निशुम्भभरनम्रोर्वीखर्विताः पर्वता अपि | यं नमन्तीव नृत्यन्तं नमामस्तं विनायकम् || [Owing to the crushing weight capable of bending even the earth, the mountains too seem to bow down, we salute that dancing Vināyaka] 1. Once, Naravāhanadatta ventured out for hunting along with his friend Gomukha and entered into the dense forest. Mesmerised by the divine music accompanied by vīṇā in the forest, they followed the direction of the music and...
One day, the king was having his meal. Guṇaśarmā, who sat in his proximity refused to eat a certain dish which was brought to him by the cook. When asked the reason for his act, he said – ‘Even as I saw it, I came to know that it is filled with poison! You can test it by having it fed to someone else; I will then relieve him of poison and cure him!; When the king asked the cook to eat the particular dish, he fell unconscious upon eating....
  चलत्कर्णानिलोद्धूत सिन्धूरारुणिताम्बरः। जयत्यकालेऽपि सृजन् सन्धामिव गजाननः॥   Victory to Gajānana, who reddens the sky with sindhūra scattered by the wind from the constant flapping of his ears, creating a sense of sunset even when it’s not the hour of dusk!   1. One day when Naravāhanadatta was in his father's assembly hall, a divine personage descended from the sky and introduced himself as Vajraprabha, a king of the vidyādharas,...
Naravāhanadatta and Gomukha bathed in the garden well, partook their meals in the middle court of the palace, drank well, and ate tāmbūla. That night, besotted by Karpūrikā, Naravāhanadatta was unable to fall asleep and Rājyadhara told him, "Why do you worry? You will obtain your beloved. Lakṣmī herself woos those with sattva and good character. I have seen this with my own eyes!" Then he narrated the following tale: The Story of Sukhadhana King...
The Story of Indīvarasena and Anicchāsena In the town of Airāvati, there lived a king named Parityāgasena. He had two wives, of which one was his minister's daughter, Adhikasaṅgamā. The other was a princess from a royal family and was called Kāvyālaṅkārā. Being childless, he and his wives propitiated Devī Ambikā, who appeared in a dream gave him two fruits and instructed him as follows: “Mahārāja! Give these to your wives. Two valorous sons will...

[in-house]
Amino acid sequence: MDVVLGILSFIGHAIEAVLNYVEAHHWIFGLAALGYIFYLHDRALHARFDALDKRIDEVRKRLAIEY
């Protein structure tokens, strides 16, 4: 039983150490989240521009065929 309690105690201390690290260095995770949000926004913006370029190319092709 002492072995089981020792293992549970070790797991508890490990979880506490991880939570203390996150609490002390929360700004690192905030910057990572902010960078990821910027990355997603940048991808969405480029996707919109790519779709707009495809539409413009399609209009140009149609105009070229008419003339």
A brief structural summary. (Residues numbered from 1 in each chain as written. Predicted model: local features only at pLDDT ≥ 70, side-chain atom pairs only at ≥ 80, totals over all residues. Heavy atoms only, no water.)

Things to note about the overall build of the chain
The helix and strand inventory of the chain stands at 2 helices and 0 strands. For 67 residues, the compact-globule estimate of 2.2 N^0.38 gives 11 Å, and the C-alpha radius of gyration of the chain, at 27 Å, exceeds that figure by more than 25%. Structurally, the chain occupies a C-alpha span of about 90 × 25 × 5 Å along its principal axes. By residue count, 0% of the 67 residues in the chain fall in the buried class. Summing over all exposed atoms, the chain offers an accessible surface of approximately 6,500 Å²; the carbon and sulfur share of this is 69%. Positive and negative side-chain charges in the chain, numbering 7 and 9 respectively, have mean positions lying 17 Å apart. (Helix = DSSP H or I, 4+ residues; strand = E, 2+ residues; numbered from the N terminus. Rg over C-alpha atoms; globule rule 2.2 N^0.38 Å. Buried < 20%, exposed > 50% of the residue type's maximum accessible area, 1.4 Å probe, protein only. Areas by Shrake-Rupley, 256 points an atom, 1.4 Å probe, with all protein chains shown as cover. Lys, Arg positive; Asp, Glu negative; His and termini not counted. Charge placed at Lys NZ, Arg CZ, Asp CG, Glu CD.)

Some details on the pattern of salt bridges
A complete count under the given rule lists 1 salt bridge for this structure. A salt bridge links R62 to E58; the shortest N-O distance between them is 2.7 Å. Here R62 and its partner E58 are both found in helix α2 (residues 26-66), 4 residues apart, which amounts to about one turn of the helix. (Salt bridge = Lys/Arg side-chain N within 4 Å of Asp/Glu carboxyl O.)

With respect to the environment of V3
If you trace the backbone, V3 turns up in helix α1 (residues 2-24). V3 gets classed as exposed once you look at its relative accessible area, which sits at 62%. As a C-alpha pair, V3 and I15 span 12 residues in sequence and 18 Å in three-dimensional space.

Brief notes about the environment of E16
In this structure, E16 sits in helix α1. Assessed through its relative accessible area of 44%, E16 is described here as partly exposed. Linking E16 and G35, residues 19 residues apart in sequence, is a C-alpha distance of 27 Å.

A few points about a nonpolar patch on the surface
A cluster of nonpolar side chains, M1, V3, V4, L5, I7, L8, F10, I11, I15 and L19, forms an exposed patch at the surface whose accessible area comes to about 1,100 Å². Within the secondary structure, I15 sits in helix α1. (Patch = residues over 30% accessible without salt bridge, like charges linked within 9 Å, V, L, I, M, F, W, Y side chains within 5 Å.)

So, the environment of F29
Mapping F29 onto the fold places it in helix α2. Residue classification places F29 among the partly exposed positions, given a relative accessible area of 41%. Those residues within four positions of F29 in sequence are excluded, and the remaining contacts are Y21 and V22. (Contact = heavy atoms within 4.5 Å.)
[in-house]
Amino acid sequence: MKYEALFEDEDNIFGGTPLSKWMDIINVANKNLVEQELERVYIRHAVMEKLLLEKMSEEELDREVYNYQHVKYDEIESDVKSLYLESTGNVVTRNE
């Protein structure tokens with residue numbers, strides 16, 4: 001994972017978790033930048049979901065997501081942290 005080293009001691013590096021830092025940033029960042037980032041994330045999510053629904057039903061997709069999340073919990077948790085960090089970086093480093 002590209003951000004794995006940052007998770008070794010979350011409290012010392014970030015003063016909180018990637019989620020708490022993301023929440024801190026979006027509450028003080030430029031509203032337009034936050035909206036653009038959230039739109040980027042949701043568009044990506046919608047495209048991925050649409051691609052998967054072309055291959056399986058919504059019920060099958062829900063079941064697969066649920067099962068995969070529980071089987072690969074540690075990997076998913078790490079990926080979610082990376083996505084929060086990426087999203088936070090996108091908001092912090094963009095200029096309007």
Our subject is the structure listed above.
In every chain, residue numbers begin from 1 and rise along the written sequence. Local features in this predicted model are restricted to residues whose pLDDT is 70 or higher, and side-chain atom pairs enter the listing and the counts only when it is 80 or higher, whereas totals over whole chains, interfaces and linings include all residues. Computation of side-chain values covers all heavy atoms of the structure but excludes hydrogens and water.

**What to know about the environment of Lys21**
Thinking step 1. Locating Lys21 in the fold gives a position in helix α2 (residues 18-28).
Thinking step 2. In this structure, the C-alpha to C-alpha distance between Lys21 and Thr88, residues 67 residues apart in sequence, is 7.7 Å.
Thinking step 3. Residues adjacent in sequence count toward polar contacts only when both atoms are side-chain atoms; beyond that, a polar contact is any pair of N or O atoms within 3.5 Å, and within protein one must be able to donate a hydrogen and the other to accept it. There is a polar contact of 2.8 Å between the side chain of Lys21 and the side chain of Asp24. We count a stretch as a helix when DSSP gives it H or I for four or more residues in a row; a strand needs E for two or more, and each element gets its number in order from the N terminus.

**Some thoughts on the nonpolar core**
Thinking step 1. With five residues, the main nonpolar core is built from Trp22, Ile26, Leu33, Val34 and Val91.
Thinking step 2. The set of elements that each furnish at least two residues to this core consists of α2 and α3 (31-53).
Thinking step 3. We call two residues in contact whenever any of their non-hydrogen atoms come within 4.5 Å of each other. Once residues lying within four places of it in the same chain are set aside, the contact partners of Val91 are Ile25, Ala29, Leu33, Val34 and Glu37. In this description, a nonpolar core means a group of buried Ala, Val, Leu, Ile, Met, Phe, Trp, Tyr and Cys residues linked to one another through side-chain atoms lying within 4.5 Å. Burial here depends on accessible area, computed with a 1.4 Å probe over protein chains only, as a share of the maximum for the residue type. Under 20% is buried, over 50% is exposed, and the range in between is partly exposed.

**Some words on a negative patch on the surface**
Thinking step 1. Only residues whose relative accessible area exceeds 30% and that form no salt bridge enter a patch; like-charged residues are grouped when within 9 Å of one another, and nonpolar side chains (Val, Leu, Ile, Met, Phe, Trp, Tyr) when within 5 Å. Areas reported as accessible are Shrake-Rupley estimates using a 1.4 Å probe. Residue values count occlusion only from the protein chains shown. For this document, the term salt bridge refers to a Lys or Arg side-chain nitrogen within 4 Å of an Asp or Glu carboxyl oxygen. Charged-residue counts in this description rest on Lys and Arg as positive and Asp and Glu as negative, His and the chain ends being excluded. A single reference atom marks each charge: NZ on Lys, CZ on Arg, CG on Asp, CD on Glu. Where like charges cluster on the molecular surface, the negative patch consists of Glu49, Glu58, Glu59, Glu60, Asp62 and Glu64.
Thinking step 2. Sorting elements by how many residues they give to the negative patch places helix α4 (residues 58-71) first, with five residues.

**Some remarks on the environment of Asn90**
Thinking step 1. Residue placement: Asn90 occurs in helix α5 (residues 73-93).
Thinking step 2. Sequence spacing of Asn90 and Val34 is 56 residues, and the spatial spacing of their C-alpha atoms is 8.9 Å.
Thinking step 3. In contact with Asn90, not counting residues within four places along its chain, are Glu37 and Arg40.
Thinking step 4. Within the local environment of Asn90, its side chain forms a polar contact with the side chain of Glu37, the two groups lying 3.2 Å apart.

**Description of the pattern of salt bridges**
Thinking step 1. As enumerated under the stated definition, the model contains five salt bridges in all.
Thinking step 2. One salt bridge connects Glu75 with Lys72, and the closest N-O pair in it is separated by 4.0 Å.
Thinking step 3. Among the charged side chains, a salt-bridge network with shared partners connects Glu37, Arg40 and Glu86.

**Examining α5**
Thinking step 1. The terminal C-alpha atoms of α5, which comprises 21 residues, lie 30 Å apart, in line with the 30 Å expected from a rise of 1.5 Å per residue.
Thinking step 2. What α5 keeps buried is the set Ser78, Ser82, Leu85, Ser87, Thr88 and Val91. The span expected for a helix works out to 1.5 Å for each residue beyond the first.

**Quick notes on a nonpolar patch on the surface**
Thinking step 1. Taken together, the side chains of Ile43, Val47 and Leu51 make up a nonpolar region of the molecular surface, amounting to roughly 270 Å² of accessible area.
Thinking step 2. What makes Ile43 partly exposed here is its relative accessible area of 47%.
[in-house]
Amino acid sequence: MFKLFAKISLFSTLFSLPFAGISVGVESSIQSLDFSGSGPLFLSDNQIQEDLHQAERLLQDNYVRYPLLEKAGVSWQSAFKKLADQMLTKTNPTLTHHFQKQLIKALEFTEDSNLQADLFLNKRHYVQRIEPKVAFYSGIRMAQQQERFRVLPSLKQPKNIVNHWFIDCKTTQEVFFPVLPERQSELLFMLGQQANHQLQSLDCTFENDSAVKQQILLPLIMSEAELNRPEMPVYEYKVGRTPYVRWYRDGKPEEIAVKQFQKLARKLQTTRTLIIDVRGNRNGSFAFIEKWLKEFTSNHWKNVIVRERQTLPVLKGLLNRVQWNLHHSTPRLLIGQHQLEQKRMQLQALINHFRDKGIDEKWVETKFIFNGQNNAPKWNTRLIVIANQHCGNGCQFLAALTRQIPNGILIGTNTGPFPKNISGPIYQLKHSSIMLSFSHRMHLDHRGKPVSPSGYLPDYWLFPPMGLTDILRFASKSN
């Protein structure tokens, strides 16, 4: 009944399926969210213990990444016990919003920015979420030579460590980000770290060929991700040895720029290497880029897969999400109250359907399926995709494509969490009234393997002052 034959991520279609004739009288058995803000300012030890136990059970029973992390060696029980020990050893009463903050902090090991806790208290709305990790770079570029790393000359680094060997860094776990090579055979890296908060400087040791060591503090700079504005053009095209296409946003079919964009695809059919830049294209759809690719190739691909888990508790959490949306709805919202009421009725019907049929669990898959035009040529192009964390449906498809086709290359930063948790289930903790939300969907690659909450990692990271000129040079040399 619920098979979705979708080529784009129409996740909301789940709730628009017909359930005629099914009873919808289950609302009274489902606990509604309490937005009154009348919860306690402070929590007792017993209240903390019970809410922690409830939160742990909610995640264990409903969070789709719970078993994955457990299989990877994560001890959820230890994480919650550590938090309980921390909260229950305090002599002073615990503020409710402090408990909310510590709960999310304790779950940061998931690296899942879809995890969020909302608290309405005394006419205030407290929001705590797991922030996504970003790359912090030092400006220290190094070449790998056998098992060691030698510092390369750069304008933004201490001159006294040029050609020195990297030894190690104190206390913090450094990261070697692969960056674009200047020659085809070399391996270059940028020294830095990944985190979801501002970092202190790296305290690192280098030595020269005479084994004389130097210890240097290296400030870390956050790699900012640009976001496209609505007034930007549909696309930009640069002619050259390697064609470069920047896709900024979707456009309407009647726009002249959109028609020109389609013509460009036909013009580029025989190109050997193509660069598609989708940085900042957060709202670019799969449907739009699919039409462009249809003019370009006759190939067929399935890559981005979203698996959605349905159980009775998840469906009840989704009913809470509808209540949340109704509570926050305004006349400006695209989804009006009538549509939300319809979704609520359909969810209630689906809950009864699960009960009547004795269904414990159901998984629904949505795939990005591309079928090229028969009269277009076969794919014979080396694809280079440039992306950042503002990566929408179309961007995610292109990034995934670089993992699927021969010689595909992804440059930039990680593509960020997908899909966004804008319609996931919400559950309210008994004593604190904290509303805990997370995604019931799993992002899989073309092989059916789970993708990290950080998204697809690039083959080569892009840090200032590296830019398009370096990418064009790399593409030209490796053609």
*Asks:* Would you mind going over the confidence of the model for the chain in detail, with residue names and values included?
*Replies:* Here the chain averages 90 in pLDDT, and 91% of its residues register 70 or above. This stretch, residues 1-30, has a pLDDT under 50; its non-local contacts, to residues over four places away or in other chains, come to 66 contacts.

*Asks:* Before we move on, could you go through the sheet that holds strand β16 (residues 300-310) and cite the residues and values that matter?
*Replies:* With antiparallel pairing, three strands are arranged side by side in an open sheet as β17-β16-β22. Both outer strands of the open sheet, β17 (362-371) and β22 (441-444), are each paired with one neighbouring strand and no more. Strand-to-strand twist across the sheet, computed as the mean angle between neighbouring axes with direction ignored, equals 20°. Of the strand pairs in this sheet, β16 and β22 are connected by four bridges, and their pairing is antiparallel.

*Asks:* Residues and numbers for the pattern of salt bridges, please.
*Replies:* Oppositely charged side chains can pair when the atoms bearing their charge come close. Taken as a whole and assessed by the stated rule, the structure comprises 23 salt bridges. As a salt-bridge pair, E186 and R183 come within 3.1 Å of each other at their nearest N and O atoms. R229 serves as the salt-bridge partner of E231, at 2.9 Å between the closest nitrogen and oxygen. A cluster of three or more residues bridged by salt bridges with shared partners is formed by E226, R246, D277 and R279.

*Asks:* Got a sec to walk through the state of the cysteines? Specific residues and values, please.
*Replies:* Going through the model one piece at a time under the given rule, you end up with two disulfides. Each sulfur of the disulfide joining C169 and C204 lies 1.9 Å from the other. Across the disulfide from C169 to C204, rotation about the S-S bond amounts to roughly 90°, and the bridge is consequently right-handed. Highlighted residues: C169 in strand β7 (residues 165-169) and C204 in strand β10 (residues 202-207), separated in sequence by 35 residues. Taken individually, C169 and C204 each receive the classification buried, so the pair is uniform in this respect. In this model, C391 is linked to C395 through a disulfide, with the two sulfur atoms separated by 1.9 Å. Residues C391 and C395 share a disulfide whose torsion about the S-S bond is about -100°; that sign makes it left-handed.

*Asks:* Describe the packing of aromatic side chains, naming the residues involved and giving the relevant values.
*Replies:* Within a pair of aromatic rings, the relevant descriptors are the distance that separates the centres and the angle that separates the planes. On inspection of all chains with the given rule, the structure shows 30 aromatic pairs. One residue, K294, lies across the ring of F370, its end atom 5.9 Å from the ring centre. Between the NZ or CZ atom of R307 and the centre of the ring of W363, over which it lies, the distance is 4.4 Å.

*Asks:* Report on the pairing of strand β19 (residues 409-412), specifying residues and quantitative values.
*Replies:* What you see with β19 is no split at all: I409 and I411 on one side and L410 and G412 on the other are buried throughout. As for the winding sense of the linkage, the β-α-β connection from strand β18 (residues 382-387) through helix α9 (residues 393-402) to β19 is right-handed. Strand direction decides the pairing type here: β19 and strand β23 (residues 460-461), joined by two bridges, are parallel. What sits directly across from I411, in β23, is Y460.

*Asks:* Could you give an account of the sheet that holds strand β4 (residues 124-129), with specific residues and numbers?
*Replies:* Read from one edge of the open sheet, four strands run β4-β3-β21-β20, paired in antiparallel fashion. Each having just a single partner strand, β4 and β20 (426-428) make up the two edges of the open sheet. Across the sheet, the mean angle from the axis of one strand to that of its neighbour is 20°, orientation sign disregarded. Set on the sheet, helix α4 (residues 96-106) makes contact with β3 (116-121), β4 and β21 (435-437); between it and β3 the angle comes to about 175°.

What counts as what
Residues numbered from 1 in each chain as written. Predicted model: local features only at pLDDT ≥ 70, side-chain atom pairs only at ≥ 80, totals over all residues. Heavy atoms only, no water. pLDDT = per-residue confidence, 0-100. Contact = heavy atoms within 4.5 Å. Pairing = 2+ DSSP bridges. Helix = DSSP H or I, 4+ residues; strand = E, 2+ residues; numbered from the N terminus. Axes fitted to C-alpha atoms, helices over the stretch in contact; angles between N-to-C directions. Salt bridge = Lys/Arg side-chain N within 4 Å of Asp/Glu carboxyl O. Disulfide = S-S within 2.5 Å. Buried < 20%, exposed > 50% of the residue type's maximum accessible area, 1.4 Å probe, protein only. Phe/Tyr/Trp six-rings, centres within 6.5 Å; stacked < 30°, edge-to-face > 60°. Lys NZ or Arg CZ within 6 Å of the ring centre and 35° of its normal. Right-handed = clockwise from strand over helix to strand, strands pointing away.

The following day, when they all assembled in the court, Marubhūti hung his head down with shame. Looking at him, Ratnaprabhā said, “Ārya-putra! You are truly fortunate to have your childhood friends as ministers. They too are fortunate to have their childhood friend as the king of the land. This is indeed a fortuitous result of the (good) karmas from former births!” When he heard these words, Tapantaka remarked, “It is true that he has become...
The story continued from the previous episode... The next day the wedding took place with Agni as the witness. It was like a rājahaṃsa – a royal swan - uniting with a lotus born in the marsh. He spent some time with her and then decided to go back to his place, Vardhamānapura along with her. Rūpaśikhā said, ‘This should happen covertly; my father shouldn’t even get a hint of it; he wouldn’t allow me; if he follows us, I’ll make his brain go dull...
Himalaya
Then Hariśikhā said “Yes, this is indeed so. Virtuous women don’t even think of any man other than their beloved husband!” and began to narrate this story- The Story of Guṇavarā and Rūpaśikhā The prosperous kingdom of Vardhamānapura was ruled by the mighty King Vīrabhuja. He had hundreds of wives. Among them all, Guṇavarā was his dearest, whom he loved more than his own life. Vīrabhuja had everything, but there was still a big void in his life...
The Story of Bhavaśarmā ‘Dear friend, never get caught by women. Their minds are always hard to understand.’ A beautiful brāhmaṇa woman named Somadayā lived in Vārāṇasī. Unbeknownst to anyone, she was a yoginī. Egged on by fate, I came to befriend her and fell in love with her. One day, in a fit of jealousy and anger, I struck her. She could not tolerate me beating her but stomached her anger. The following day, under the pretext of love-play,...
Upon listening to this story Gomukha said, “Women are lustful by nature and a pativratā is rare to find. It is true that women are never to be trusted!” and narrated the following tale – Story of Niścayadatta and Anurāgaparā There lived a merchant named Niścayadatta in Ujjayinī. Every day, he bathed in the Kṣiprā river, worship Mahākāla, perform dāna to brāhmaṇas and the needy, and anointed himself with sandalwood paste. He would dab the unguent...